Daily Archives: June 20, 2016

What You Need to Know About the Future of Money

By Jason Dorrier – Finance has been computerized for decades. An ungodly number of daily trades are executed by algorithm. The speed of the market is superhuman—on the order of microseconds—and finance’s population of wonks is probably second only to tech.

Fintech is more about how the ethos of startups, apps, the internet, and all things digital has begun to infiltrate Wall Street, taking aim at long-standing business models. It’s the promise that small teams coding software can be corporate killers.

According to Catheryne Nicholson, CEO and cofounder of BlockCypher, no distributed ledger like blockchain would work without the incentive to validate transactions—and digital currency (in the form, for example, of Bitcoin mining) is that incentive.

Blockchain and digital currencies may mean no more fees for ferrying cash between pockets, a vastly simplified financial back office—which today is consumed by clearing and validating transactions—and even companies that fund and then run themselves.

Middlemen. Who needs ’em? more> http://goo.gl/peMhAz


In the Depths of the Digital Age


Pressed for Time: The Acceleration of Life in Digital Capitalism, Author: Judy Wajcman.
Exposed: Desire and Disobedience in the Digital Age, Author: Bernard E. Harcourt.
Magic and Loss: The Internet as Art, Author: Virginia Heffernan.
Updating to Remain the Same: Habitual New Media, Author: Wendy Hui Kyong Chun.
Mood and Mobility: Navigating the Emotional Spaces of Digital Social Networks, Author: Richard Coyne.
Pax Technica: How the Internet of Things May Set Us Free or Lock Us Up, Author: Philip N. Howard.

By Edward Mendelson – The digital world makes once-unimaginable amounts of information available to everyone, while it also transfers to the network and the crowd what had once been matters of personal knowledge and personal judgment.

This change began before the digital era; one trivial but telling example is the decline of the single-author restaurant guide—written by someone with a distinctive set of personal preferences—and its replacement by the crowd-sourced guides, printed or online, pioneered by the Zagats. Wikipedia relies on “consensus” as the final arbiter of content, rather than a ruling board of supposedly expert editors, as in, say, the Columbia Encyclopedia.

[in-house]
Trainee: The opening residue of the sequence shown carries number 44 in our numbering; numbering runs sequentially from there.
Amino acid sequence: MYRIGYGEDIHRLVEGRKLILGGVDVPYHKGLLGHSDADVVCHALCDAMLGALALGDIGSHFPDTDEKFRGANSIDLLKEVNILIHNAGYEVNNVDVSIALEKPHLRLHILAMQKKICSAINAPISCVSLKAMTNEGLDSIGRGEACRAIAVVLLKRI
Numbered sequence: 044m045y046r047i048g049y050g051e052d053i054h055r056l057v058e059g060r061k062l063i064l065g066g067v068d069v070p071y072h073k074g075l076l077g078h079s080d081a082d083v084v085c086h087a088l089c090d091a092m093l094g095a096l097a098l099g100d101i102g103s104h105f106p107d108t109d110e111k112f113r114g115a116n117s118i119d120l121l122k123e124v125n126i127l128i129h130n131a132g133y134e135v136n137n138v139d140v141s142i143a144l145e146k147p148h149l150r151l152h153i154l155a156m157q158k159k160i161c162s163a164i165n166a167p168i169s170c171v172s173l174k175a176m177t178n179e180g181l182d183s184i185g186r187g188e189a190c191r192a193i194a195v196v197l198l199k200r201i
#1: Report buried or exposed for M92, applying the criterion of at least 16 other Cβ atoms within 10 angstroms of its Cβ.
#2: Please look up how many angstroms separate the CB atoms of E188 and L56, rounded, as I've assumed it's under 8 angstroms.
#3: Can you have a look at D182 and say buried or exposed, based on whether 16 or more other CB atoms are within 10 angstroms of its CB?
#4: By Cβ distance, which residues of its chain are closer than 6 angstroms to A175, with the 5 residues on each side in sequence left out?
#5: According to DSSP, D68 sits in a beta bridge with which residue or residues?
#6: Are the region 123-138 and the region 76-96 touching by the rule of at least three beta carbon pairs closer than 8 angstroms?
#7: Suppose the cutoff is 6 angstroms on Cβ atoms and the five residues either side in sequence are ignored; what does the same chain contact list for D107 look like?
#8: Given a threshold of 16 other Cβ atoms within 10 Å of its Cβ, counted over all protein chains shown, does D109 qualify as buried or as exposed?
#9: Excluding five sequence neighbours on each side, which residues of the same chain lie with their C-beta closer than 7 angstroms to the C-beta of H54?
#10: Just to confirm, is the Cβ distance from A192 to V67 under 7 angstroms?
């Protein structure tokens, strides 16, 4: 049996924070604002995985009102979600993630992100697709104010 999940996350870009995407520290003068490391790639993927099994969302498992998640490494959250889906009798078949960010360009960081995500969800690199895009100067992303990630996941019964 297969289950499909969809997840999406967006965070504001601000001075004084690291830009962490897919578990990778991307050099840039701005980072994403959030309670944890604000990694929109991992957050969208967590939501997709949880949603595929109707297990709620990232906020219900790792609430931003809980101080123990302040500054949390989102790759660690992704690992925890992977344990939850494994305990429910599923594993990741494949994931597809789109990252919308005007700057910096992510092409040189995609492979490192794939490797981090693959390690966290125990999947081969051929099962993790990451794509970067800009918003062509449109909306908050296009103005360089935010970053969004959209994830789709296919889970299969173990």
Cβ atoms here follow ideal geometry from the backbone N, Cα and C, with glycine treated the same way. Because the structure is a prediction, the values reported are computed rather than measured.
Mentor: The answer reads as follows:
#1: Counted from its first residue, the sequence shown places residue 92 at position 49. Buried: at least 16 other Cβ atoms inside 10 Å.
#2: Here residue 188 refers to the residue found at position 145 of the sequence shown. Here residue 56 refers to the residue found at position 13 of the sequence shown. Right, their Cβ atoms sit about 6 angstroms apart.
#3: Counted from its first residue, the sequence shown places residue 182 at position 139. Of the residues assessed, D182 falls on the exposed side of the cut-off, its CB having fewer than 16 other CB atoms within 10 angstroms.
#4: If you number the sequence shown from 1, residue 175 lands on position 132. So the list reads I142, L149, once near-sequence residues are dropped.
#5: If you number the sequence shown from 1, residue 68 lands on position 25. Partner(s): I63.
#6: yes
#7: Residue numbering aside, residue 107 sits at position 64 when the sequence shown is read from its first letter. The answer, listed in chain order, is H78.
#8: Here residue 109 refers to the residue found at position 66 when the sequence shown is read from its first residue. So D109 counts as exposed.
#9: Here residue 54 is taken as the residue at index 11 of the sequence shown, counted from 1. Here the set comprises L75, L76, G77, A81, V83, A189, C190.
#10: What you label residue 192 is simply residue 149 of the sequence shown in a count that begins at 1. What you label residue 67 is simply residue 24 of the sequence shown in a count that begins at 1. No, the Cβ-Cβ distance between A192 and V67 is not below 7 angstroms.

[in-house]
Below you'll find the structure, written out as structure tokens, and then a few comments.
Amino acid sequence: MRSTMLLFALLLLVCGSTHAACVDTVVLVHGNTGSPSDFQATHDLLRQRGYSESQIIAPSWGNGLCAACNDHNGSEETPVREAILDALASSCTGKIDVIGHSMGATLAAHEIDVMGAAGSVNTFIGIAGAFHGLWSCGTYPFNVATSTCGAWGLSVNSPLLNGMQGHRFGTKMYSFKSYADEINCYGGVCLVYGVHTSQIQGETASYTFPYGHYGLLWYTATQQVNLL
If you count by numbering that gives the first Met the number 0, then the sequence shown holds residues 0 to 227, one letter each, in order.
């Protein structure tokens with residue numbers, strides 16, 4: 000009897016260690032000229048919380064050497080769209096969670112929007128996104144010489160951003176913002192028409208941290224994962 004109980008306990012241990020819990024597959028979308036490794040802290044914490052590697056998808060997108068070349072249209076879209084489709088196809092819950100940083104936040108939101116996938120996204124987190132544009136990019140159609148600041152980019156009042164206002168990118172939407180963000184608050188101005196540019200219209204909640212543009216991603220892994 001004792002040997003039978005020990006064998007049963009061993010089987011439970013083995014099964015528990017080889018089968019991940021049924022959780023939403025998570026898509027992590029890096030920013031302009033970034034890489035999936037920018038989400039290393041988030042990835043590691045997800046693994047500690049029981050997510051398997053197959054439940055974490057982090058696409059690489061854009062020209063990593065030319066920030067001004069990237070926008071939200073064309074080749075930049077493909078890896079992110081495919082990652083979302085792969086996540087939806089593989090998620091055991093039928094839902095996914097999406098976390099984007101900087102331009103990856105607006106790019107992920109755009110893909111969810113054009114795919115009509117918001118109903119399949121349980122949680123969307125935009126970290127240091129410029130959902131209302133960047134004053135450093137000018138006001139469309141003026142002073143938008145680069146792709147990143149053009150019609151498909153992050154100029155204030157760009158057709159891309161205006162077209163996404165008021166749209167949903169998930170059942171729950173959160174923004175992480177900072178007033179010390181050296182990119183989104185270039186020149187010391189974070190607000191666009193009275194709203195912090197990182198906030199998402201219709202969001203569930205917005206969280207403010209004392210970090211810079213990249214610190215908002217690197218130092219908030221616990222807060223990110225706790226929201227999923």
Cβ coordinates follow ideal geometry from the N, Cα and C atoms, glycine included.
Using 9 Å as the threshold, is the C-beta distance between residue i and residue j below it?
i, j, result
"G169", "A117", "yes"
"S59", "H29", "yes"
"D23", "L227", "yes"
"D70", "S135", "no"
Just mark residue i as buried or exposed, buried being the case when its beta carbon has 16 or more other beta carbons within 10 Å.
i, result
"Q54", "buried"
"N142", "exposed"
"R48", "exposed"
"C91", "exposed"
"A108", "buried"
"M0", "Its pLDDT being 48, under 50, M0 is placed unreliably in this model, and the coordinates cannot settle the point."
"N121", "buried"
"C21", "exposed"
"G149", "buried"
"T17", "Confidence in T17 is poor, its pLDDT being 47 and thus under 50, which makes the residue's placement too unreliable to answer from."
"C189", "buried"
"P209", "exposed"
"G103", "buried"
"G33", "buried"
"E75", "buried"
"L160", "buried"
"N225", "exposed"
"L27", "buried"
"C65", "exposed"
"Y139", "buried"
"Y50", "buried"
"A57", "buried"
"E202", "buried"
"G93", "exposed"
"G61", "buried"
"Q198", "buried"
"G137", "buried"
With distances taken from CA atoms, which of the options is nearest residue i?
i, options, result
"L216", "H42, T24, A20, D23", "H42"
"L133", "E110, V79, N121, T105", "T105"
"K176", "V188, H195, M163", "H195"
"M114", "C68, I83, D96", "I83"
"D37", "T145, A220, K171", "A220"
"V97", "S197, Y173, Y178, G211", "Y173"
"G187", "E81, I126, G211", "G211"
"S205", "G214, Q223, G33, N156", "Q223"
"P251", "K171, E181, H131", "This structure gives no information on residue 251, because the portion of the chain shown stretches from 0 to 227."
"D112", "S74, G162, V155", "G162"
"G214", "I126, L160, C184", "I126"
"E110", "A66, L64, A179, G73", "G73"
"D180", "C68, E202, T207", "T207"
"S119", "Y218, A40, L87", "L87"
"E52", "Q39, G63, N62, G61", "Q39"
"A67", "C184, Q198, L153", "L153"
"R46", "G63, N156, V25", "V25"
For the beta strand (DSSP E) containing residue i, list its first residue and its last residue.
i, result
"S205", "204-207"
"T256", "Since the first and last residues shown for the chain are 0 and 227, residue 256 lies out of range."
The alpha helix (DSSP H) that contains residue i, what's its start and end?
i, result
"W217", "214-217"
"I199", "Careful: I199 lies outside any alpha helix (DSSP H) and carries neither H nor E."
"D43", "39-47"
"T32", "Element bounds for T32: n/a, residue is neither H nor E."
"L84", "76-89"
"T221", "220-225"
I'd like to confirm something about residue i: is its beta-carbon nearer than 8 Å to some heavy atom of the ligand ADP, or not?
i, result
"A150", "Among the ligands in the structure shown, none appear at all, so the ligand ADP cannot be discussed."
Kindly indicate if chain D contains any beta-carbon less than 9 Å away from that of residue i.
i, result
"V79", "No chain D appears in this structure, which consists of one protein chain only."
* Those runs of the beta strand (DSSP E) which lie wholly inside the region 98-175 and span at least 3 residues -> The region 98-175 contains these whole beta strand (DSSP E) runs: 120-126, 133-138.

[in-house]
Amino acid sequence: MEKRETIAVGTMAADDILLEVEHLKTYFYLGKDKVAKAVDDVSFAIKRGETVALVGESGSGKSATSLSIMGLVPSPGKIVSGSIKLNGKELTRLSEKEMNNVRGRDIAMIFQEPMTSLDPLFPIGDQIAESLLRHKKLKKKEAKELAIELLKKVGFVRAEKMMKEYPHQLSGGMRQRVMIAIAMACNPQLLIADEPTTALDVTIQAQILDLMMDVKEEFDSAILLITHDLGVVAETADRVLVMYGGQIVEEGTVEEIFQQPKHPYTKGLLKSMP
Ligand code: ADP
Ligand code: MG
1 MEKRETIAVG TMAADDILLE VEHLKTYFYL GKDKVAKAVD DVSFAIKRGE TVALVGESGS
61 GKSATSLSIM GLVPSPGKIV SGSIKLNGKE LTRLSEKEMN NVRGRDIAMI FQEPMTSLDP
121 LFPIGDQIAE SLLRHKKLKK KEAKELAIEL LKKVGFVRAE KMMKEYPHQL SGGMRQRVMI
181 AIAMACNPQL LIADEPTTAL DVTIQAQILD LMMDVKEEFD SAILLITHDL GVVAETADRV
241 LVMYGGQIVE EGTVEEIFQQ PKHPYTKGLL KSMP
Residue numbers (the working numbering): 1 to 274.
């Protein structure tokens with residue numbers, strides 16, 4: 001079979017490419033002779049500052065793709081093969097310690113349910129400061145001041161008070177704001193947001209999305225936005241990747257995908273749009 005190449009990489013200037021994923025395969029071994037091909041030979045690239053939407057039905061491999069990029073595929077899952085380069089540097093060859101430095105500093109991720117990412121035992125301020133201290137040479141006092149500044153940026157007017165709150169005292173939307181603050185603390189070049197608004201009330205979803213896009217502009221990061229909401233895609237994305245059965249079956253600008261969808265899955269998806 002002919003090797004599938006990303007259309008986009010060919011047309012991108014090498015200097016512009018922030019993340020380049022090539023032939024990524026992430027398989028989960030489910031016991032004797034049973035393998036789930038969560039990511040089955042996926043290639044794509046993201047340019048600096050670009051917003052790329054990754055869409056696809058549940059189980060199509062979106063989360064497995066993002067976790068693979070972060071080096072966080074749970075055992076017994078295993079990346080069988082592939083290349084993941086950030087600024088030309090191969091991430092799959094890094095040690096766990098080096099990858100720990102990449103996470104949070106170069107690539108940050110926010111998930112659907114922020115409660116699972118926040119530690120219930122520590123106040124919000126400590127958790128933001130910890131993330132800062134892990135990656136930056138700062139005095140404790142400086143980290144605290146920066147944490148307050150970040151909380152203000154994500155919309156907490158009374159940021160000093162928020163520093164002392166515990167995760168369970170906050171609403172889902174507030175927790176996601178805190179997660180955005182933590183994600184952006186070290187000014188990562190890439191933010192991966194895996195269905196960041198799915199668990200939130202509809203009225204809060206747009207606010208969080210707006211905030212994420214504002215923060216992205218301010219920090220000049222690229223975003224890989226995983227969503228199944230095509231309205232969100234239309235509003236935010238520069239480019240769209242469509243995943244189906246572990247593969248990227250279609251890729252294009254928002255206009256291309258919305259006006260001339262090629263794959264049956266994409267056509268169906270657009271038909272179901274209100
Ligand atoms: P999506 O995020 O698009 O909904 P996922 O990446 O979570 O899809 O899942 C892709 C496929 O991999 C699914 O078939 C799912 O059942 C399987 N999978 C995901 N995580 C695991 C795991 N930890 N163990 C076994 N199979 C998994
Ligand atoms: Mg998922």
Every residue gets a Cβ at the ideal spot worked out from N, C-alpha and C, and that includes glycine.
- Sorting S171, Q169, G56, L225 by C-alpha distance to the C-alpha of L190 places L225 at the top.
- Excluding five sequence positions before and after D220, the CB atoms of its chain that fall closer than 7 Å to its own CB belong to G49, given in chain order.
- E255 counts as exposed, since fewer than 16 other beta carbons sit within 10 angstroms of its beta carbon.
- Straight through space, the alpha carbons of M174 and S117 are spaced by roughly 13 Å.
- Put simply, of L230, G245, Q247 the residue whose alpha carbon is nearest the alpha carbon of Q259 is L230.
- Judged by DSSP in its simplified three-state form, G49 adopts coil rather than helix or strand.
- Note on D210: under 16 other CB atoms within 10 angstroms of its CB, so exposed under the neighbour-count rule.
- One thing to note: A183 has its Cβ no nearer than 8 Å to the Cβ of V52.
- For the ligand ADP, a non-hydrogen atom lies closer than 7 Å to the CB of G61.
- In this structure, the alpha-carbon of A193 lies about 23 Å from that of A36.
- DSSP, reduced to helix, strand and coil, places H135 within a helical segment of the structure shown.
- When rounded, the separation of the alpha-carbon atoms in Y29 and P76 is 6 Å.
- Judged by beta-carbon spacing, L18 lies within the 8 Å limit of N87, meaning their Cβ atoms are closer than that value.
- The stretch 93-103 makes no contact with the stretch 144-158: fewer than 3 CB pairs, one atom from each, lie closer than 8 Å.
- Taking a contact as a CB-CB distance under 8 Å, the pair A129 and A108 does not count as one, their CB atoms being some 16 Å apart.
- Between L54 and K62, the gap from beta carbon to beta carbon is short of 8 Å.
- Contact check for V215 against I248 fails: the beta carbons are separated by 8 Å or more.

Wikipedia’s continual give-and-take corrections work well for math and science, less well for history and literature where consensus is sometimes ill-informed. Dubious romantic or heroic stories about larger-than-life figures like W.B. Yeats or Ernest Hemingway cannot be dislodged because consensus favors familiar myths. more> http://goo.gl/jIftTz

Updates from GE

Full Steam Ahead: This Software Brain For Coal-Fired Power Plants Could Help Eliminate 500 Million Tons Of CO2
By Tomas Kellner – It was just in April that GE Power, the GE business that makes power generation equipment, acquired the Boston-based machine learning and data analytics startup NeuCo Inc., which uses software and artificial intelligence to improve the efficiency of coal-fired power plants.

These power plants burn coal to boil water and then use the steam to spin turbines and generate electricity. They are the most common source of electricity, providing around 40 percent of the world’s electric power.

GE says it could help eliminate 500 million metric tons of greenhouse gas emissions if deployed at all existing coal-fired power plants globally. That’s the same as removing 120 million cars from the road – or every tenth car in the world – or covering Earth with carbon-trapping forest the size of Europe.

The technology is “equipment-agnostic,” which means it can optimize machines made by any manufacturer, says Ganesh Bell, GE Power’s chief digital officer.

“Utilities will need to generate 50 percent more electricity than they do today by 2040 and meet ambitious goals to cut emissions set by COP21,” says Bell, referring to the United Nations climate change conference that took place in Paris last year. “Using data science, software and intelligent automation to optimize every aspect of the electricity value chain – from generation to delivery and consumption – will do both.” more> http://goo.gl/XOMhju

How the Republican elite tried to fix the presidency and instead got Donald Trump

By Gwynn Guilford – The GOP’s purpose in 2012 was simple enough: To make sure outsiders wouldn’t threaten the appearance of party unity during the nomination process.

Among other things, the rules revisions helped the frontrunner seize the nomination early, and blocked paths for adversaries to challenge the presumptive nominee at the national convention. The primaries schedule that resulted boosted candidates with fame, funding, and easy media access.

Being blindsided by a billionaire reality TV star with a knack for hijacking the media is the most obvious unintended consequence of the GOP’s strategy.

Traditionally, grassroots movements were an important mechanism for bringing the GOP leadership into contact with the most active and passionate of the party’s supporters. By infusing the party with new people and letting the ideas they bring bubble up through the system, these bottoms-up efforts have long kept the party vital.

Trump’s rise also points to potential long-term trouble for the party. more> http://goo.gl/QkZCsa